6–8pm, KC GRAD, Braće Krsmanović 4, 11000 Belgrad


Zooetics: Future Fictions

During 13 – 16 October, 2016 Zooetics invited an international group of artists, designers and writers to stay and work at Ásbrú, the site of a former NATO base on the Reykjanes peninsula, Iceland.

Its transition from a fenced-off military zone to a creative-economy incubator inspires a lot of questions about the technoscientific imaginaries feeding this transition and fuelling our sense of the future. One core element of such an imaginary could be called the ‘quantified self’ with its ‘technologically enhanced body’. This workshop scales up ‘the self’ from the human body to the ecological and the geopolitical. It considers a range of forms and practices—from wearable technologies to bioindication to social engineering—that weave and mash together past and future fictions for Iceland and the greater Arctic.

Contributors: Nomeda & Gediminas Urbonas, artists (MIT, USA), Tinna Grétarsdóttir and Sigurjón Baldur Hafsteinsson, anthropologists (University of Iceland, IS); Oksana Anilionytė, fashion designer (Royal College of Art, UK); Nikola Bojić, designer (MIT, USA); Garðar Eyjólfsson, designer (Iceland Academy of the Arts, IS); Lucas Freeman, writer (MIT, USA); Ashley Rizzo Moss, performer (MIT, USA); Thomas Pausz, designer (Iceland Academy of the Arts, IS); Kristupas Sabolius, philosopher (Vilnius University, LT); Viktorija Šiaulytė, curator (LT); Sigrún Thorlacius, designer (IS); Tracey Warr, writer (UK).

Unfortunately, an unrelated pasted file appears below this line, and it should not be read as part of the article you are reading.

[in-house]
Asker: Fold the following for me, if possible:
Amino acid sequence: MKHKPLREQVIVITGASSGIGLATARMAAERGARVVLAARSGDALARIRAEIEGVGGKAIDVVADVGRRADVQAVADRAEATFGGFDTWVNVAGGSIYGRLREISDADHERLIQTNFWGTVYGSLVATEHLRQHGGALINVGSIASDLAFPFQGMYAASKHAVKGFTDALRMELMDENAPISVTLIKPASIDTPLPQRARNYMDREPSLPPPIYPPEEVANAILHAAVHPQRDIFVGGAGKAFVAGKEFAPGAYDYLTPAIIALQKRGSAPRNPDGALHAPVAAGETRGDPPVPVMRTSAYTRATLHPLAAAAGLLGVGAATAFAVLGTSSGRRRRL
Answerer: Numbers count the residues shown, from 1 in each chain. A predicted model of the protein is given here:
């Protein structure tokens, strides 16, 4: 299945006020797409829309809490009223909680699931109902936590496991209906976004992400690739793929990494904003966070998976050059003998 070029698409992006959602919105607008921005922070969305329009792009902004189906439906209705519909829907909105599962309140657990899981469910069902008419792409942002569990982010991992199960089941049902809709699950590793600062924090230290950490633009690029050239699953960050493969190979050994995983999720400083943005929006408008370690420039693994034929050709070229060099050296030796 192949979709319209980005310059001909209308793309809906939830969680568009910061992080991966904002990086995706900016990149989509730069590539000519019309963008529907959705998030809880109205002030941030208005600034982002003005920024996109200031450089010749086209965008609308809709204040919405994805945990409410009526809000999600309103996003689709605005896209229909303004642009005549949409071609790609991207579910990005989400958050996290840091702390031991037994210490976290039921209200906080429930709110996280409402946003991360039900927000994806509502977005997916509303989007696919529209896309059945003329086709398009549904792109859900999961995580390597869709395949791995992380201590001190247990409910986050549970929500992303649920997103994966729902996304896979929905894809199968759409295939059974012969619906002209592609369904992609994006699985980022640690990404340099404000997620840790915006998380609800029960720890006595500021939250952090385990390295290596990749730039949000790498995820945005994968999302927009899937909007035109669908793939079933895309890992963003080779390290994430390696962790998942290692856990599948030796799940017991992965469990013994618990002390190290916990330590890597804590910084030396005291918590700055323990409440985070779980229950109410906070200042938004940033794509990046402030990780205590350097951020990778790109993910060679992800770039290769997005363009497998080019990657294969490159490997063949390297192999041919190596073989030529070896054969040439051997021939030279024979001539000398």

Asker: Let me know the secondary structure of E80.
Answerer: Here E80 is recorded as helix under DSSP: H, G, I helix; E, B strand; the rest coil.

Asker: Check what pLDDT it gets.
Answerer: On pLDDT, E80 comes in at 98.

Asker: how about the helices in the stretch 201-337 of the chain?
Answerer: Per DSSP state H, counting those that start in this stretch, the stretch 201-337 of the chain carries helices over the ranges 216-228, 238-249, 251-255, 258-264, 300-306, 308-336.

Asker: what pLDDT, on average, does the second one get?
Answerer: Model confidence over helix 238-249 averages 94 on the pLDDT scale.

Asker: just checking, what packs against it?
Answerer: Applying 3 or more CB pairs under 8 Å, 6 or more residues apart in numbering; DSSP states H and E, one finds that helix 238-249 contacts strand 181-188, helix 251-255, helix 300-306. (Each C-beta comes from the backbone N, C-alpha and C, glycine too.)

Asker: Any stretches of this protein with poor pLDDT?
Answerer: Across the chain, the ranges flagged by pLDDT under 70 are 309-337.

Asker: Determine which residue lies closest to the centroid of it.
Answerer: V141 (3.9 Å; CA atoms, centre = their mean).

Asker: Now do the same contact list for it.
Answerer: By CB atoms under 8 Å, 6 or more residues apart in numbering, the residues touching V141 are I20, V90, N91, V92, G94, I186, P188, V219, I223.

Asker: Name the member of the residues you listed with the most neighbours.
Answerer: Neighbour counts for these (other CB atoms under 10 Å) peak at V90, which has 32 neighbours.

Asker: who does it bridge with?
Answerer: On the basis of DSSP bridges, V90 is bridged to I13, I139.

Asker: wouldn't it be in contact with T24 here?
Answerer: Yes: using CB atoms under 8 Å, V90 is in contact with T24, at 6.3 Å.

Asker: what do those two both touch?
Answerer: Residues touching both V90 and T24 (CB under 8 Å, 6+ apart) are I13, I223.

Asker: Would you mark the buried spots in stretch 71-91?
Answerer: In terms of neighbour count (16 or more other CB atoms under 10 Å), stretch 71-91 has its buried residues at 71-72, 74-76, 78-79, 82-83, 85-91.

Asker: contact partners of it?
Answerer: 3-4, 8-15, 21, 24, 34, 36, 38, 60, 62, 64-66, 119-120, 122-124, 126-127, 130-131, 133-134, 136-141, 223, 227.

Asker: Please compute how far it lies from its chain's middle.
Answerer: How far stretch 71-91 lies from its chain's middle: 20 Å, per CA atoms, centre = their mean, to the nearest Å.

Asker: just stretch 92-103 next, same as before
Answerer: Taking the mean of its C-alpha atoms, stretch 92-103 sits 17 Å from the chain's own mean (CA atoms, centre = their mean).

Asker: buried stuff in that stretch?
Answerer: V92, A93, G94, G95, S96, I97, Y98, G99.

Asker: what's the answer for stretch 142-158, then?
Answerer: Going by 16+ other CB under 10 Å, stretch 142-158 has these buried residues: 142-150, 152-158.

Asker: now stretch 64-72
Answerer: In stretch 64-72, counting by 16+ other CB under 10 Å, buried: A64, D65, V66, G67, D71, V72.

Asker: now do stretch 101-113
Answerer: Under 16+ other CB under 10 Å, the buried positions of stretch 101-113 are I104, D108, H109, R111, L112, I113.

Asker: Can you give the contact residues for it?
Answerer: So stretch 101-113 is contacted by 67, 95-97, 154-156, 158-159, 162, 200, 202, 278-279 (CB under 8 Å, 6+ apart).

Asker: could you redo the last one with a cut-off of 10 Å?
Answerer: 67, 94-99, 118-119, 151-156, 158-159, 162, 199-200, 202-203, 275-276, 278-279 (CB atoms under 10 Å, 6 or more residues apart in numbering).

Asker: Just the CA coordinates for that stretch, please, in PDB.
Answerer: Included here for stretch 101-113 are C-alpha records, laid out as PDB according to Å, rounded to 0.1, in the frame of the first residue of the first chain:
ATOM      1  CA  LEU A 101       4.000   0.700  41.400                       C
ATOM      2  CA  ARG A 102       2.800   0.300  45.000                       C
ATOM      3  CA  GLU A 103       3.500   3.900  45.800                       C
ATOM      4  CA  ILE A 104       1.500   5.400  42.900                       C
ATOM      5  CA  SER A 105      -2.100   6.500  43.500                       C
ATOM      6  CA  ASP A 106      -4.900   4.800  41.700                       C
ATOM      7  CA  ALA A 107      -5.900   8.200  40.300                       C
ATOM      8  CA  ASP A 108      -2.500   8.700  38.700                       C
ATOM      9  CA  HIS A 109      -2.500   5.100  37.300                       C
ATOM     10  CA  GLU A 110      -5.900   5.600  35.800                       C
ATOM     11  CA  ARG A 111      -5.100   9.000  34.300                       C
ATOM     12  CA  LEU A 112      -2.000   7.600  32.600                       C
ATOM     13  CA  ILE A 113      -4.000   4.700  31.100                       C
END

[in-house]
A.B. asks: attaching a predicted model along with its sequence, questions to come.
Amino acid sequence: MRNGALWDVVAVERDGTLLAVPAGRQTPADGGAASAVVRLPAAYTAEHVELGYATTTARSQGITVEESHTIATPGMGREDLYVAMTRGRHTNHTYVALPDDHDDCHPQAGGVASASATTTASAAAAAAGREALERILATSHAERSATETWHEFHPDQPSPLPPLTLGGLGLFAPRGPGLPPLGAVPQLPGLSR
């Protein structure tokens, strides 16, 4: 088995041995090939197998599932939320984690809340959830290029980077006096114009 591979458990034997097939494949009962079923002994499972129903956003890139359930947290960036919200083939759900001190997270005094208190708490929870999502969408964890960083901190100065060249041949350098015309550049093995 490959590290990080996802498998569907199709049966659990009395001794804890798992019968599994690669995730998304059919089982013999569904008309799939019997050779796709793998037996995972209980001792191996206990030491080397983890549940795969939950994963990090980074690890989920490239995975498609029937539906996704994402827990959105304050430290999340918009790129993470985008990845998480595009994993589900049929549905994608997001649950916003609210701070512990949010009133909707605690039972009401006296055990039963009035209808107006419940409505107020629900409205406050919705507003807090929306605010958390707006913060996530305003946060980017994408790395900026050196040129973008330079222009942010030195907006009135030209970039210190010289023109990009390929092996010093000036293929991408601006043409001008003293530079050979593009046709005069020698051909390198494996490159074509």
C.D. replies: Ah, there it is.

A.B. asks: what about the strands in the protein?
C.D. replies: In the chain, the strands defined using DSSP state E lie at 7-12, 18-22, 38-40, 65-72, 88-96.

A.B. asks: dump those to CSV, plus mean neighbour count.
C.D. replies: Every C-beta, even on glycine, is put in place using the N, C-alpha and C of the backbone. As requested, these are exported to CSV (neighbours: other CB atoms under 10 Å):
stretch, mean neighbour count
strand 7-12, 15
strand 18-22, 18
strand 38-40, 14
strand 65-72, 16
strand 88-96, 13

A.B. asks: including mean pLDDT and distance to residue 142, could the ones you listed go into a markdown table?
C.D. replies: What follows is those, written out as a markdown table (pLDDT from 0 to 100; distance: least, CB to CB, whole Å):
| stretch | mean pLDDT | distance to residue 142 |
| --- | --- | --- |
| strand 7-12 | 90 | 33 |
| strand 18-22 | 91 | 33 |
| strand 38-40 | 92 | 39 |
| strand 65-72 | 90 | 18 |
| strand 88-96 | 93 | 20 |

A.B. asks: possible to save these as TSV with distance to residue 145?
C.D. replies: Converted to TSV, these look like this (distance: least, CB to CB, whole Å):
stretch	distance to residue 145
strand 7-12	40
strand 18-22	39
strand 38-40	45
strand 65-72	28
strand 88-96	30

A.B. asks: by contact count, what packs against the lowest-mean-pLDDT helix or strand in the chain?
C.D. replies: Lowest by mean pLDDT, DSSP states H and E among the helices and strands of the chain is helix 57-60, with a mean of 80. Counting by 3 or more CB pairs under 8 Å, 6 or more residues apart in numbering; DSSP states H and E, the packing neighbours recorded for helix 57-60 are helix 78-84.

Tracey Warr at HIAP Open Studios Sept 15, 2016


Conquest: Daughter of the Last King

Artist and writer Tracey Warr’s new novel is now published

It’s interesting to think about how contemporary details find their way into historical fiction. I’m not talking about errors and anachronisms, but how writers use what they see and hear around them and turn it into something else in their fiction. The locusts kept in a classroom by the creepy tutor in my new novel, for instance, are based on my own schooldays in north London when we had a huge vitrine of chirping locusts down one side of the classroom.